Before he even bought the ring, David Cuff knew exactly where he would get married.
As a child, Cuff, now a 36-year-old history buff, used to ride his bike up the former tobacco plantation’s gravel road. He has long admired the historic 1740 home. So when he wanted to marry Jenn Petko, he knew for sure: Bel Air was the place — it always had been.
“It was basically the only thing I cared about. I knew I wanted to marry her, and after we got Bel Air, I knew I could propose,” Cuff said of the former plantation, which sits hidden on 25 acres of land in Woodbridge and is owned by Corey A. Stewart (R-At Large), chairman of the Prince William Board of County Supervisors.
“I did it backward,” Cuff said with a chuckle.
“It’s a look into our past,” Cuff said of the cemeteries. “We can learn about a lot from people who are buried there.”
Petko, a third-grade teacher at Triangle Elementary School, said, “I teach Prince William County history, but he’s really into it.”
“I’m kind of a nerd about it,” Cuff said in a stage whisper.
The historic Bel Air home is at the core of Cuff’s dreams. He loves digging up seeds of the past; he nearly held his breath during a tour of the grounds last week as Stewart shared a tidbit about a feast that was given on the front lawn after the Battle of Yorktown. He thinks that the author of the story of George Washington and the cherry tree, Parson Weems, might have even penned the tale there.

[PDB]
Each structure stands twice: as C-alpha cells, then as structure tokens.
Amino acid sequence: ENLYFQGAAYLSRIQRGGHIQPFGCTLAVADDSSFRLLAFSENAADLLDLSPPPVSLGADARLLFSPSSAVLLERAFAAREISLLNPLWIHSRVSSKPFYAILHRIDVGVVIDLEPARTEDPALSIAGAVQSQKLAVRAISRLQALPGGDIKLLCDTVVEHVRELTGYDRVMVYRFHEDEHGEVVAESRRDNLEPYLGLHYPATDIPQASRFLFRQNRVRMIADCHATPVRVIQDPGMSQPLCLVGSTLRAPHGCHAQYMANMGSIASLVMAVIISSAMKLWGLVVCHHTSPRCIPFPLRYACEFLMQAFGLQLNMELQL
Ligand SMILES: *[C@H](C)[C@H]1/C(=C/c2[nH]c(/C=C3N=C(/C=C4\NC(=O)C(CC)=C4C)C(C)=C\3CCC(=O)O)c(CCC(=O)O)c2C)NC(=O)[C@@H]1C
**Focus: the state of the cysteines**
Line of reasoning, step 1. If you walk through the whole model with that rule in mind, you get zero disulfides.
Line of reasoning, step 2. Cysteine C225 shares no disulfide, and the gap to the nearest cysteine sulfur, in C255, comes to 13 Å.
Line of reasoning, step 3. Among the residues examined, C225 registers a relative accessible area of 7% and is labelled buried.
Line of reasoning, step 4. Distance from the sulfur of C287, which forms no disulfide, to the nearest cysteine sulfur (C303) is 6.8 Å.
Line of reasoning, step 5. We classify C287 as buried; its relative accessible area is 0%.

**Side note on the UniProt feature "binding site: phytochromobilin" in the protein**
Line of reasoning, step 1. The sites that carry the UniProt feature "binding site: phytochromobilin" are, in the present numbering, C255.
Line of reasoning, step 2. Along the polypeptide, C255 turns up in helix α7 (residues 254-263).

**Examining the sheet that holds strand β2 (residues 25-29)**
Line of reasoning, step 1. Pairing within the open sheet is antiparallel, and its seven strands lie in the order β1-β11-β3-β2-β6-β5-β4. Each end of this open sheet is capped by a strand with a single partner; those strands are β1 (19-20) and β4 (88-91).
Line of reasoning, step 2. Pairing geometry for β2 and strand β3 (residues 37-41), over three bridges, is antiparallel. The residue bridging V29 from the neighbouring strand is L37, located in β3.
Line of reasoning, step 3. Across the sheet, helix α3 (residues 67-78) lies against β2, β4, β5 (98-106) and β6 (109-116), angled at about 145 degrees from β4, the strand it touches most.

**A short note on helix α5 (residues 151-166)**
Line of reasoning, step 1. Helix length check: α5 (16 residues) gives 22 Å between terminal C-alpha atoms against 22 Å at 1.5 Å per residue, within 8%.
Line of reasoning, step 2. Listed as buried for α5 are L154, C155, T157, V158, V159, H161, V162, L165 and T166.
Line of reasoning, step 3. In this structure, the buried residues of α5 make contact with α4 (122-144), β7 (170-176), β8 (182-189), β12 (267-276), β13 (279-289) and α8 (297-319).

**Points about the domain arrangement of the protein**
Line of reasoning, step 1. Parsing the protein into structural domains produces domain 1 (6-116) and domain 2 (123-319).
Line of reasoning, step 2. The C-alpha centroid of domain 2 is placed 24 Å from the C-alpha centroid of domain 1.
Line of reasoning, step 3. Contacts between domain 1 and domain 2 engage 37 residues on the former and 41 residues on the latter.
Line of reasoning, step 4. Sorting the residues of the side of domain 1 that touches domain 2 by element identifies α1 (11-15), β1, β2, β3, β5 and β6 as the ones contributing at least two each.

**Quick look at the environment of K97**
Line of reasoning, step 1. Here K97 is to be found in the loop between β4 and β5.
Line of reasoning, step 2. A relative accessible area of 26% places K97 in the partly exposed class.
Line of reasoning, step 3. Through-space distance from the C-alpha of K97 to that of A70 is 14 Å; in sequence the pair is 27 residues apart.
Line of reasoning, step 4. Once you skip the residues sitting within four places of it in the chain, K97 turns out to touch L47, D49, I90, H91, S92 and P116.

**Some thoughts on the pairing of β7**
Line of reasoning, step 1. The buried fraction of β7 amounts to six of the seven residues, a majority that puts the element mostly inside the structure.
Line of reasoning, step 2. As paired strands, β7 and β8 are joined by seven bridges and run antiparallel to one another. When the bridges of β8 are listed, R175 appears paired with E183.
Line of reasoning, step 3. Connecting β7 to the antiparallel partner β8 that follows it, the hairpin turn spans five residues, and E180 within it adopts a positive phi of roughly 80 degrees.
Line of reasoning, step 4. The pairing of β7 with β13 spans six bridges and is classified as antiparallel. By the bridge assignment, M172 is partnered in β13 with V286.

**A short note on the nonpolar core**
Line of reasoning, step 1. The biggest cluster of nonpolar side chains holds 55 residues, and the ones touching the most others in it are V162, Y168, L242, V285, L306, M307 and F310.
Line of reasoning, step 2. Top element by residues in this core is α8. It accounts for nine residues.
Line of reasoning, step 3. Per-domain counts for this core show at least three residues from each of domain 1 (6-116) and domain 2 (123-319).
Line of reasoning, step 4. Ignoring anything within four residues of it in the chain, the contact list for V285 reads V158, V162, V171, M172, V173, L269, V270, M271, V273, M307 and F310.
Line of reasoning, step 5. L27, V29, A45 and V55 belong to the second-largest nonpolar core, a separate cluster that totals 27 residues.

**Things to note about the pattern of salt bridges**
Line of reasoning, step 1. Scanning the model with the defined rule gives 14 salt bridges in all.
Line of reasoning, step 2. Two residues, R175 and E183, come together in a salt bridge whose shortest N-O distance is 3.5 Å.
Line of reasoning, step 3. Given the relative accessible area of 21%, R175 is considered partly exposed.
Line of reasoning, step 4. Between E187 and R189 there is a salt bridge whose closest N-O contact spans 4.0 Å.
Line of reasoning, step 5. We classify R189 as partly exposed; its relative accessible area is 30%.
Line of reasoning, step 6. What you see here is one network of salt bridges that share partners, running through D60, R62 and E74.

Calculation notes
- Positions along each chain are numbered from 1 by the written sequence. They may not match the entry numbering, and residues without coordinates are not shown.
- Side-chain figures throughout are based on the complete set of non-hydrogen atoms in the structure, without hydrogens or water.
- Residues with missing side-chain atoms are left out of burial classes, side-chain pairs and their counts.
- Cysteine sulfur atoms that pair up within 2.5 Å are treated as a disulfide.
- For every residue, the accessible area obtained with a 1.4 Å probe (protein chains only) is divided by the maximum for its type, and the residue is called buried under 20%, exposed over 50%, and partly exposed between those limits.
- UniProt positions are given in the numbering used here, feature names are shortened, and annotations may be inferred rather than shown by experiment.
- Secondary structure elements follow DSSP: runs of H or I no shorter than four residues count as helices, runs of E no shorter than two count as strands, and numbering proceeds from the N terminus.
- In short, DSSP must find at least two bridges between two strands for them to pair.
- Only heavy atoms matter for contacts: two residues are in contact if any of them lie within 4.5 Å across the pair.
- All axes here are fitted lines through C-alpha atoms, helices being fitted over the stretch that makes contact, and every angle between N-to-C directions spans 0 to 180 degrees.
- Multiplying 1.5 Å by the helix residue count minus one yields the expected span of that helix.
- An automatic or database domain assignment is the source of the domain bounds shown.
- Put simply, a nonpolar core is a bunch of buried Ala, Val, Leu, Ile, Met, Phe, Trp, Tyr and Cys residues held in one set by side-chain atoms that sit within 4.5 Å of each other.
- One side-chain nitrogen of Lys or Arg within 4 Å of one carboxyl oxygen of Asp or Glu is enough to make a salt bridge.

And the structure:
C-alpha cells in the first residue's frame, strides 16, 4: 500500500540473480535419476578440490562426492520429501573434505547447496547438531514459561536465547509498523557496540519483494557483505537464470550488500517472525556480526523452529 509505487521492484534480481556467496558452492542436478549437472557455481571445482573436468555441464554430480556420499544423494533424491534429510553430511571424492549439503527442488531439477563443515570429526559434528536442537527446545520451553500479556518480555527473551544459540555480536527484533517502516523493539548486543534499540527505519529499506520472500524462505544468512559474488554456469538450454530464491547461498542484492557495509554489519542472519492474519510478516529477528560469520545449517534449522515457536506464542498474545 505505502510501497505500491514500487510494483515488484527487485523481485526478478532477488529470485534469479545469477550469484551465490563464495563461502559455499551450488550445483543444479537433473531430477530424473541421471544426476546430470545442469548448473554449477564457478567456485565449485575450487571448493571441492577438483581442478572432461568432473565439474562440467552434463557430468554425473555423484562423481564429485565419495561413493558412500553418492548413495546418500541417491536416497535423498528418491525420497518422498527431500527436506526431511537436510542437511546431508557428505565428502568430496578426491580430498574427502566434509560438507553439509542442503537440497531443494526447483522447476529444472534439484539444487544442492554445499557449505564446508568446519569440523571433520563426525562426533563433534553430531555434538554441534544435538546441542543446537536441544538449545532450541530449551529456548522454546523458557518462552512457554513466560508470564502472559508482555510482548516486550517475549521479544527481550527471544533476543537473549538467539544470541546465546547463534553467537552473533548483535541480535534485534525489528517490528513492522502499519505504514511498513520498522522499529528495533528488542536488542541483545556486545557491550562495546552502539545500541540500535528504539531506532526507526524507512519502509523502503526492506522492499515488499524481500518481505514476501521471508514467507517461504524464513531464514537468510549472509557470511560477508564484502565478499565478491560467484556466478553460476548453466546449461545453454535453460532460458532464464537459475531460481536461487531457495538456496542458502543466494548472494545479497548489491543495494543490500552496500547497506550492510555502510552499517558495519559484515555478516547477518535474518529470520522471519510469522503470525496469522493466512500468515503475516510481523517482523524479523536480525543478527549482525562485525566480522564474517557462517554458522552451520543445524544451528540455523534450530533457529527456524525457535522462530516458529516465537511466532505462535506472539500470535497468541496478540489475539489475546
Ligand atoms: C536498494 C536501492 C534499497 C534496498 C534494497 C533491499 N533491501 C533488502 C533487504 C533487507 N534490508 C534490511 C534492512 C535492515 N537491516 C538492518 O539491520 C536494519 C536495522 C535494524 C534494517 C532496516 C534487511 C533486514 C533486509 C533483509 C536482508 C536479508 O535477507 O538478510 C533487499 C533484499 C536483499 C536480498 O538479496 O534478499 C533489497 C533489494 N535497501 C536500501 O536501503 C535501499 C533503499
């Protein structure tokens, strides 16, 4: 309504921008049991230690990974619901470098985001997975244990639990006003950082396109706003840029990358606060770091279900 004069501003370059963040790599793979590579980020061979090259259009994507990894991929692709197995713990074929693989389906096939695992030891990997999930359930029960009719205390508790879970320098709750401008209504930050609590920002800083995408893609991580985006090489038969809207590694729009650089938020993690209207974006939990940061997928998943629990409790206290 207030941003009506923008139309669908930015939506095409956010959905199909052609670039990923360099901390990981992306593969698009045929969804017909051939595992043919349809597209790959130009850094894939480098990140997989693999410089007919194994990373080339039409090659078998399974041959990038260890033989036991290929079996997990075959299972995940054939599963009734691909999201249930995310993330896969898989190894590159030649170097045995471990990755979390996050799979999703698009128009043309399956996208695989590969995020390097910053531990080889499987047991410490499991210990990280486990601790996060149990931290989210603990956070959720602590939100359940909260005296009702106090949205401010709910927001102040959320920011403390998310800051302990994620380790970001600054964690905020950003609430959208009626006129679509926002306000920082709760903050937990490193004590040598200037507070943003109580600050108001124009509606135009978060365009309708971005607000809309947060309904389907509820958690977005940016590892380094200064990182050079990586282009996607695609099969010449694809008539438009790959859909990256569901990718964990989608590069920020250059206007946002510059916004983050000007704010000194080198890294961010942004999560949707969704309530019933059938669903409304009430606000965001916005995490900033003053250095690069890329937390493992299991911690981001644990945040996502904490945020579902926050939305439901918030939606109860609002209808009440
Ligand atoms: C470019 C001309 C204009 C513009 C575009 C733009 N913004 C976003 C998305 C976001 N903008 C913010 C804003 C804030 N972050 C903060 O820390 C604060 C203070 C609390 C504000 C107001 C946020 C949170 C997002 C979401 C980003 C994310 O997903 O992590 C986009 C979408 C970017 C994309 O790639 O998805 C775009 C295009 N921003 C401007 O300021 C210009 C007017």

It was a piece of writing that finally connected Cuff, who grew up in Woodbridge, with the house on the hill.
Cuff, who knew Stewart had bought the house a few years ago, found a book about a former landowner. He reached out to Stewart, and when he and Petko arrived at Bel Air to drop it off, they were treated to a tour and stayed for hours.
“It’s definitely original,” said Cuff, who said he bought a ring after Stewart agreed to host their wedding there.
And for the couple and their 75 guests, Bel Air was free. Stewart didn’t charge them for the grounds (but they hired Stewart’s wife as their caterer).
“You know, we’re not fancy people,” Petko said. (“Speak for yourself,” Cuff chimed in.) “So it’s nice that the wedding had a laid-back feel to it.”
On the guests’ tables at the June 20 wedding were pink, ivory and mint centerpieces and place cards with typed out details of an 1843 wedding at Bel Air between Marine Lt. Robert Tansill and Frances “Fannie” Ann Weems. (Robert was 34 years old at the time and his bride, the “beautiful Fannie Weems,” was 18, said the card, which also featured the couple’s headstones.)
“It was beautiful,” Petko and Cuff said in unison. “We had people who lived a mile from here and never knew it was here,” Cuff said.
“On Google Maps, when you look at a satellite view, you can barely see a structure,” he said. “Some people thought it was a wood stick house, and then they got here and saw this grand brick house, and they were just shocked.”
The only thing the couple worried about was an incoming storm. They said it was as if the rain waited for them to take pictures, and then fell.
“People were drenched,” Petko said.
“And water kept building up on the tent,” Cuff said. “So we had to push it from up above, and it would just spill over the sides.”
Stewart, in the middle of a downpour, told the guests to come inside as soon as the storm let up. But no one moved from the party tent; they just kept dancing.